npm install websocket xmlhttprequest --save

and make them available globally via:

XMLHttpRequest = require('xmlhttprequest').XMLHttpRequest;
WebSocket = require('websocket').w3cwebsocket;

If we run the code now we will see something like this:

moozzyk:~/source/SignalRChat/SignalRChatNode$ node index.js
Enter your name: moozzyk
moozzyk
Information: WebSocket connected to ws://localhost:5000/chat?id=0d015ce4-3a78-4313-9343-cb6183a5e8ea
Information: Using HubProtocol 'json'.

which tells us that the client was able to connect successfully to the server. (946f85d)

Now, we need to add some code to handle user input and interact with the server and our Node SignalR Chat client is ready. (I admit that the user interface is not very robust but should be enough for the purpose of this post). You can now talk to browser clients from your node client and vice versa (0f7f71f):

Screen Shot 2017-09-30 at 6.57.14 PM

Now let’s convert our client to TypeScript. We will start from creating a new TypeScript project with tsc --init. In the generated tsconfig.json file we will change the target to es6. We will also add an empty index.ts file and delete the existing index.js file (we will no longer need the index.js file since we will now be generating one by compiling the newly created index.ts). (b83cf92) If you now run tsc you should see an empty index.js file created as a result of compiling the index.ts file.  The last thing to do is to actually convert our JavaScript code to TypeScript. We could just translate it one-to-one but we can do a little better. TypeScript supports async/await which makes writing asynchronous code much easier. Since many of SignalR client methods return Promises we can just await these calls instead of using .then/.catch functions. Here is how our node SignalRChat client written in TypeScript looks like (2a6d0e9):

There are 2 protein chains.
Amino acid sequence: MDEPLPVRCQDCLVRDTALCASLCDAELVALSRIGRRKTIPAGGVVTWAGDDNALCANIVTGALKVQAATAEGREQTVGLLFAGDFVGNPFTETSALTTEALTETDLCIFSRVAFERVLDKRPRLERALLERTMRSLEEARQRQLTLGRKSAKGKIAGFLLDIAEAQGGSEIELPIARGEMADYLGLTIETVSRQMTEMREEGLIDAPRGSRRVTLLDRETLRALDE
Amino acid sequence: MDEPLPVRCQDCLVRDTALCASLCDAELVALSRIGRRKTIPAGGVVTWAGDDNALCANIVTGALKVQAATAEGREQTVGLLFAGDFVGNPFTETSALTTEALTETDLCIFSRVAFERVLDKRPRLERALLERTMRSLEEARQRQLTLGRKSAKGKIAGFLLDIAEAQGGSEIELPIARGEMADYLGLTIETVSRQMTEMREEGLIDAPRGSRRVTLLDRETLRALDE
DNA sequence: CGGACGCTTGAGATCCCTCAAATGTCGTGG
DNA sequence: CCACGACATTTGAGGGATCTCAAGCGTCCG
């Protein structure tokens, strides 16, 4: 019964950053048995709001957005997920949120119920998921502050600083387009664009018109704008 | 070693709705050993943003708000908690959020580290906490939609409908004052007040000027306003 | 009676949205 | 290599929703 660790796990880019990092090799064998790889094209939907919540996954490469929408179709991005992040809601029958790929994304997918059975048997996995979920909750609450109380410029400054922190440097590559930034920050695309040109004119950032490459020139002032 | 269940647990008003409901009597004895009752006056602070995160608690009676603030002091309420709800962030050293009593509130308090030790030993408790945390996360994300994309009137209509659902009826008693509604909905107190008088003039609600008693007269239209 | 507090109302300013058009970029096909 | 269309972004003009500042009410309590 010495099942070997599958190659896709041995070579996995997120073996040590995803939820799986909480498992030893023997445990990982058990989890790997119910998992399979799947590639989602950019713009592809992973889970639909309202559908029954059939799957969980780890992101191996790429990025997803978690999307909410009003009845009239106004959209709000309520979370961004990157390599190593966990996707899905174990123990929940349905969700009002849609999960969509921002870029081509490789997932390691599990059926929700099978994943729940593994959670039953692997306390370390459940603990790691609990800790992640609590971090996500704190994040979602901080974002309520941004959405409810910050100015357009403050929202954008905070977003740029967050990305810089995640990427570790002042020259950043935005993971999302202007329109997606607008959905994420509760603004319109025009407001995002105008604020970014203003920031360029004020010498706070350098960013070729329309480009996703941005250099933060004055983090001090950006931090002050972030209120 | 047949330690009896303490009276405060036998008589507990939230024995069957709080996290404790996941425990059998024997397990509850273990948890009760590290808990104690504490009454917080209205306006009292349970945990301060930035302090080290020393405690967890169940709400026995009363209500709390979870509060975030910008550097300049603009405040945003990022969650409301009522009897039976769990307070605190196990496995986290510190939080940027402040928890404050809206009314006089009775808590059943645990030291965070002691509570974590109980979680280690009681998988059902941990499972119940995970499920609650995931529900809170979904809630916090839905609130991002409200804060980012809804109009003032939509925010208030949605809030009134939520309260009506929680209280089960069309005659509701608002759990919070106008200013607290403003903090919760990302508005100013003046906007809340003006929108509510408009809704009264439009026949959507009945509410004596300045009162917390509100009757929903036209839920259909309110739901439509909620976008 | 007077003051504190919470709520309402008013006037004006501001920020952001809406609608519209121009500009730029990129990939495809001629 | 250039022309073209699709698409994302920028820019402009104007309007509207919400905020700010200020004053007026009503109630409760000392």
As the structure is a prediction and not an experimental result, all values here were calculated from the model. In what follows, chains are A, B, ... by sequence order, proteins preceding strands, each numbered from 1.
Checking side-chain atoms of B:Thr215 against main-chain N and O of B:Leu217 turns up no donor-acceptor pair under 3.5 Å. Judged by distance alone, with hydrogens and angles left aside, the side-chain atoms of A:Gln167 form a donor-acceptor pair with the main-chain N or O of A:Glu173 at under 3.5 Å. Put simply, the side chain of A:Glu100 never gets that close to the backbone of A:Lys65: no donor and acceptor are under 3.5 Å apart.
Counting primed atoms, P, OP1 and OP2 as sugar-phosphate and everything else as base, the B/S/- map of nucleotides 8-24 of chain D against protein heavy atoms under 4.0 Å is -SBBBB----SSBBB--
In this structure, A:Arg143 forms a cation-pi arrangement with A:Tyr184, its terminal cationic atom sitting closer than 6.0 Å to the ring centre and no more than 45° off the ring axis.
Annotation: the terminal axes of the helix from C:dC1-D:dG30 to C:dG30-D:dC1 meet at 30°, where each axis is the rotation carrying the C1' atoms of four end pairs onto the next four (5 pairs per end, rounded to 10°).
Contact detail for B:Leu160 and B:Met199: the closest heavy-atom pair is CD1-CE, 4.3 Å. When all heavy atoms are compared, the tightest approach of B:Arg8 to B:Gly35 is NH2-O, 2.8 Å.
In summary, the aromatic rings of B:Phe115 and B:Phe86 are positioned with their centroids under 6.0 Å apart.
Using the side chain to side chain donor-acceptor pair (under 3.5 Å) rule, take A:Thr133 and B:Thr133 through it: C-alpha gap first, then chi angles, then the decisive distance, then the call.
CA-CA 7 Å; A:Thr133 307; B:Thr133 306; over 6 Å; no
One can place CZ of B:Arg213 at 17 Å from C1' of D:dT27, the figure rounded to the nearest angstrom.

import * as readline from "readline"
import * as signalR from "@aspnet/signalr-client"

(<any>global).XMLHttpRequest = require("xmlhttprequest").XMLHttpRequest;
(<any>global).WebSocket = require("websocket").w3cwebsocket;

let rl = readline.createInterface(process.stdin, process.stdout);

rl.question("Enter your name: ", async name => {
  console.log(name);
  let connection = new signalR.HubConnection("http://localhost:5000/chat");

  connection.on("broadcastMessage", (name, message) => {
    console.log(`${name}: ${message}`);
    rl.prompt(true);
  });

  try {
    await connection.start();
    rl.prompt();

    rl.on("line", async input => {
      if (input === "!q") {
        console.log("Stopping connection...");
        connection.stop();
        rl.close();
        return;
      }
      await connection.send("send", name, input);
    });
  }
  catch (error) {
    console.error(error);
    rl.close();
  }
});

You can run it by executing the following commands:
tsc
node index.js

Today we learned how to use the ASP.NET Core SignalR client in the NodeJS environment. We created a small node JavaScript application that was able to communicate with browser clients which. Finally, we converted the JavaScript code to TypeScript and learn a little bit about the TypeScript’s async/await feature.